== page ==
A mouth full of words – Tuesday, 19th Week in ordinary time – Ezekiel 2:8-3:4
We are nourished from two tables at the Eucharist. The table of the word and the table of the bread. Often, we think that the table of the bread (Eucharist) is more important than the nourishment we get from the table of the word (the readings of sacred scripture) and so we permit ourselves to enter mass late; enquiring about the ‘validity’ of mass when we are late. Hold on to this thought as we study today’s text.
Ezekiel was called by God while in exile. Like the prophet Isaiah he was a priest but scholars have opined that before he exercised his priestly ministry in Jerusalem, he was taken off into exile along with King Jehoiachin and thousand others in the 598BC. It will be several years later under King Zedekiah that Jerusalem will finally be destroyed. Ezekiel is now called by God in exile, in Babylon, to be his prophet.
God speaks to Ezekiel and calls him a ‘mortal’. In several translations this reads as ‘son of man’. This is a phrase peculiar in the Old Testament to Ezekiel with the exception of two instances in the prophet Daniel. It is used 93 times in Ezekiel and its purpose is to emphasise the great gap between a transcendent God and the human being. But in Daniel it takes on a messianic meaning, taken up later by Jesus, who refers to himself several times as the (not a) “Son of Man”.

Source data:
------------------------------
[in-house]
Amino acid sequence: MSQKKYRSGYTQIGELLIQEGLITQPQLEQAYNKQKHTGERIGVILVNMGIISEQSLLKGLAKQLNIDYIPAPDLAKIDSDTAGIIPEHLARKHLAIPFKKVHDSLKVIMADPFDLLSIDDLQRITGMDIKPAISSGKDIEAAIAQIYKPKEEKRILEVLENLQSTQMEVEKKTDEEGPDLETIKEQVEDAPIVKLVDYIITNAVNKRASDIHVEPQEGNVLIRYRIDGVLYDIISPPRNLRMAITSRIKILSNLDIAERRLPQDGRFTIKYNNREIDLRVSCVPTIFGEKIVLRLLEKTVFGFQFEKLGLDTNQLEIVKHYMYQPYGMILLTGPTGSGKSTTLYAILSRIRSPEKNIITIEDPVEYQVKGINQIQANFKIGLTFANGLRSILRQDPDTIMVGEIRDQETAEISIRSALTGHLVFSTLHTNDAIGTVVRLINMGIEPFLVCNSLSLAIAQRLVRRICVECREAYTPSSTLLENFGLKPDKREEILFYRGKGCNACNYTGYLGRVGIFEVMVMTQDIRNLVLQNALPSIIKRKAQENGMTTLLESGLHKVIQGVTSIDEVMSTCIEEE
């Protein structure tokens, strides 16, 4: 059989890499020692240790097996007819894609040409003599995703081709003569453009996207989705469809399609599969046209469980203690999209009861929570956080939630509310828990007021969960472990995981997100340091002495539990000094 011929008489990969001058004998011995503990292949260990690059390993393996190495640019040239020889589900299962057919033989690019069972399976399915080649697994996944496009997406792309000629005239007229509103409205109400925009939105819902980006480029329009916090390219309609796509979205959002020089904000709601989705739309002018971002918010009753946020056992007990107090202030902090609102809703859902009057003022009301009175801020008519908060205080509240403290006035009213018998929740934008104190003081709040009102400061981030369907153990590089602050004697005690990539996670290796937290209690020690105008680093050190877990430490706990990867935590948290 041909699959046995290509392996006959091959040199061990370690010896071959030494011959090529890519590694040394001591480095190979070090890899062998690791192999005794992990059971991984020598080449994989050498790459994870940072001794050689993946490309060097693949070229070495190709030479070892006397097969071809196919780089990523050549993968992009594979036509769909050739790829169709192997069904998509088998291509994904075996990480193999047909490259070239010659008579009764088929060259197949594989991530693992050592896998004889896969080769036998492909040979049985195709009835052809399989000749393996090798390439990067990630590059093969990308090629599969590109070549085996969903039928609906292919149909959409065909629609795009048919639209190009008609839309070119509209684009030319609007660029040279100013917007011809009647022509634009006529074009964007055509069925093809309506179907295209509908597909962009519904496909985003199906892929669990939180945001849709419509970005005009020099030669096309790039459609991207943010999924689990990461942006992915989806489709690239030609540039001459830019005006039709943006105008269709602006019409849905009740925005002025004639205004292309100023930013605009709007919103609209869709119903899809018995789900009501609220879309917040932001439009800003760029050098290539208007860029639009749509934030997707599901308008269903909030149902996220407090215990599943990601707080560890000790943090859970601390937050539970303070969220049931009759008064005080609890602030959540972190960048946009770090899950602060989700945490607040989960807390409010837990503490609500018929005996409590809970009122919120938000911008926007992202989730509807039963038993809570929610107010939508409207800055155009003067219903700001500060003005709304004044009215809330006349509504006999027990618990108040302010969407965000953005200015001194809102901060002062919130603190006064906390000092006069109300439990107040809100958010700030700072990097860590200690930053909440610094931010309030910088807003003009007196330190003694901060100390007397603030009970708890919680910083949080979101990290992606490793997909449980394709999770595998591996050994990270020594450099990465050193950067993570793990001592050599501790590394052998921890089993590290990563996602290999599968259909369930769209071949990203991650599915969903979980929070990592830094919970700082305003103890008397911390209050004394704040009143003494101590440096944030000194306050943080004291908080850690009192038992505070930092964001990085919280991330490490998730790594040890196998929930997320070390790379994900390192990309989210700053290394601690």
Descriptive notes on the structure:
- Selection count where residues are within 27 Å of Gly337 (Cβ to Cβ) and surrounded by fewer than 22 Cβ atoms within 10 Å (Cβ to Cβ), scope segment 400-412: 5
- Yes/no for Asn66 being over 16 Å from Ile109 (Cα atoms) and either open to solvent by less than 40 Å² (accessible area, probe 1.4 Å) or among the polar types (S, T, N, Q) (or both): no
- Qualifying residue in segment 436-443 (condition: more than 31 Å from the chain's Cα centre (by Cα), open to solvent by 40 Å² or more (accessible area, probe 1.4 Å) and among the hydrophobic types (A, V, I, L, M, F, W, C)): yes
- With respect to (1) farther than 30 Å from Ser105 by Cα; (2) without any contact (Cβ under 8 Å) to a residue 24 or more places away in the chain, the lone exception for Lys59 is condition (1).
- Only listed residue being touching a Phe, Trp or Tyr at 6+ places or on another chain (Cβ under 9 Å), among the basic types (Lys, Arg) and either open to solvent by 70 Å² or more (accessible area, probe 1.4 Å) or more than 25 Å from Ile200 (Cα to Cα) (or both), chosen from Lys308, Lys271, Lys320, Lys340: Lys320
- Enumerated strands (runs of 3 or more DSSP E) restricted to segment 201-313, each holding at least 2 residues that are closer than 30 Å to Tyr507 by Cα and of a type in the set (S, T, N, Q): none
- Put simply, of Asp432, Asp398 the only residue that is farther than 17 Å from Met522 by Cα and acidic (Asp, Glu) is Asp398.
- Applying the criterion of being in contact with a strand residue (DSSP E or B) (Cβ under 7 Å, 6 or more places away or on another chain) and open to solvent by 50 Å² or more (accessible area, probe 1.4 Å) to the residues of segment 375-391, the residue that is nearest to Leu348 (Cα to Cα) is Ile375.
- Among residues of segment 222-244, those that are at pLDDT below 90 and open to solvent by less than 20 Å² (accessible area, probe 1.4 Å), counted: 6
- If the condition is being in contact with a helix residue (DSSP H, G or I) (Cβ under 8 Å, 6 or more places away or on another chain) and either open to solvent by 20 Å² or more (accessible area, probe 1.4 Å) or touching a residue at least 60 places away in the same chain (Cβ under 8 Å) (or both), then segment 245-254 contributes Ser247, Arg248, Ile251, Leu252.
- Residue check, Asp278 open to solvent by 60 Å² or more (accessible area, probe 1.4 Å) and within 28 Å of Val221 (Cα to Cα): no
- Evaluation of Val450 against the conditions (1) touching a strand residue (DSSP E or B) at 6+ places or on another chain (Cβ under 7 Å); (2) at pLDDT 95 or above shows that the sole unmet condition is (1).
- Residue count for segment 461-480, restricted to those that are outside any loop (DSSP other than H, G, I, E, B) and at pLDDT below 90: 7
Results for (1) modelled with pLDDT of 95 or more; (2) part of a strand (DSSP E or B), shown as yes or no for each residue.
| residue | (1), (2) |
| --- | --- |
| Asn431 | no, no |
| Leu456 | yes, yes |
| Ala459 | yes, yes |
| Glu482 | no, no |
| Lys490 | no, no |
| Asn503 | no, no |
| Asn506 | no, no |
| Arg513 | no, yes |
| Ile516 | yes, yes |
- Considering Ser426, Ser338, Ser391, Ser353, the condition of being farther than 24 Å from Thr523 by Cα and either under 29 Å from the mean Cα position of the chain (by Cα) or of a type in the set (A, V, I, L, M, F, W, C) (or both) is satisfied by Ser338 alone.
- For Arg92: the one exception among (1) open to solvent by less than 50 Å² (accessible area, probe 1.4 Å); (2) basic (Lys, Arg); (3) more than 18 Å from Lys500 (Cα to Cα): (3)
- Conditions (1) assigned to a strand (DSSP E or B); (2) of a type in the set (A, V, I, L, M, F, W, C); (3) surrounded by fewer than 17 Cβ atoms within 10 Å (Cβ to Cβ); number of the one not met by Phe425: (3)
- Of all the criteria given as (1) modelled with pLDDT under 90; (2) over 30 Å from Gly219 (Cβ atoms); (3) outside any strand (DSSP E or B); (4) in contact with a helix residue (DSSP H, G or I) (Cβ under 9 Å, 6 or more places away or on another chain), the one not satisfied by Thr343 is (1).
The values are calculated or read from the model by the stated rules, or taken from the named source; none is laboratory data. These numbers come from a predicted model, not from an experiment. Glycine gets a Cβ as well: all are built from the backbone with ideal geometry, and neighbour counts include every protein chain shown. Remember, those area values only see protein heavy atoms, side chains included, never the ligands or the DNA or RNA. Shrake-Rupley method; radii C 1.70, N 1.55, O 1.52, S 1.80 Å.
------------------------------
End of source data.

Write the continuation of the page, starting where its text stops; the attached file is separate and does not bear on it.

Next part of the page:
In chapter one, Ezekiel see the vision of a chariot with four living creatures with human like form. He fell on his face when he heard a voice speak to him. Today’s text describes a strange apocalyptic vision but its meaning is clear. The voice that he hears commands him to stand and commissions him to do as he is told. Ezekiel is given a brief background of the people he is to speak of; his own people. The biography of the people he is to prophecy to is brief because they are predictable; they and their decedents are no different (2:4). God calls them ‘a nation of rebels and sinners’ (2:3). ‘They are stubborn’ (2:4).
At this time the children of Israel still had something of a kingdom in Judah and a temple in Jerusalem. Yet many of them were also scattered across the Middle East, by the forced exiles under the Assyrians and the Babylonians. Ezekiel’s word was for all of them.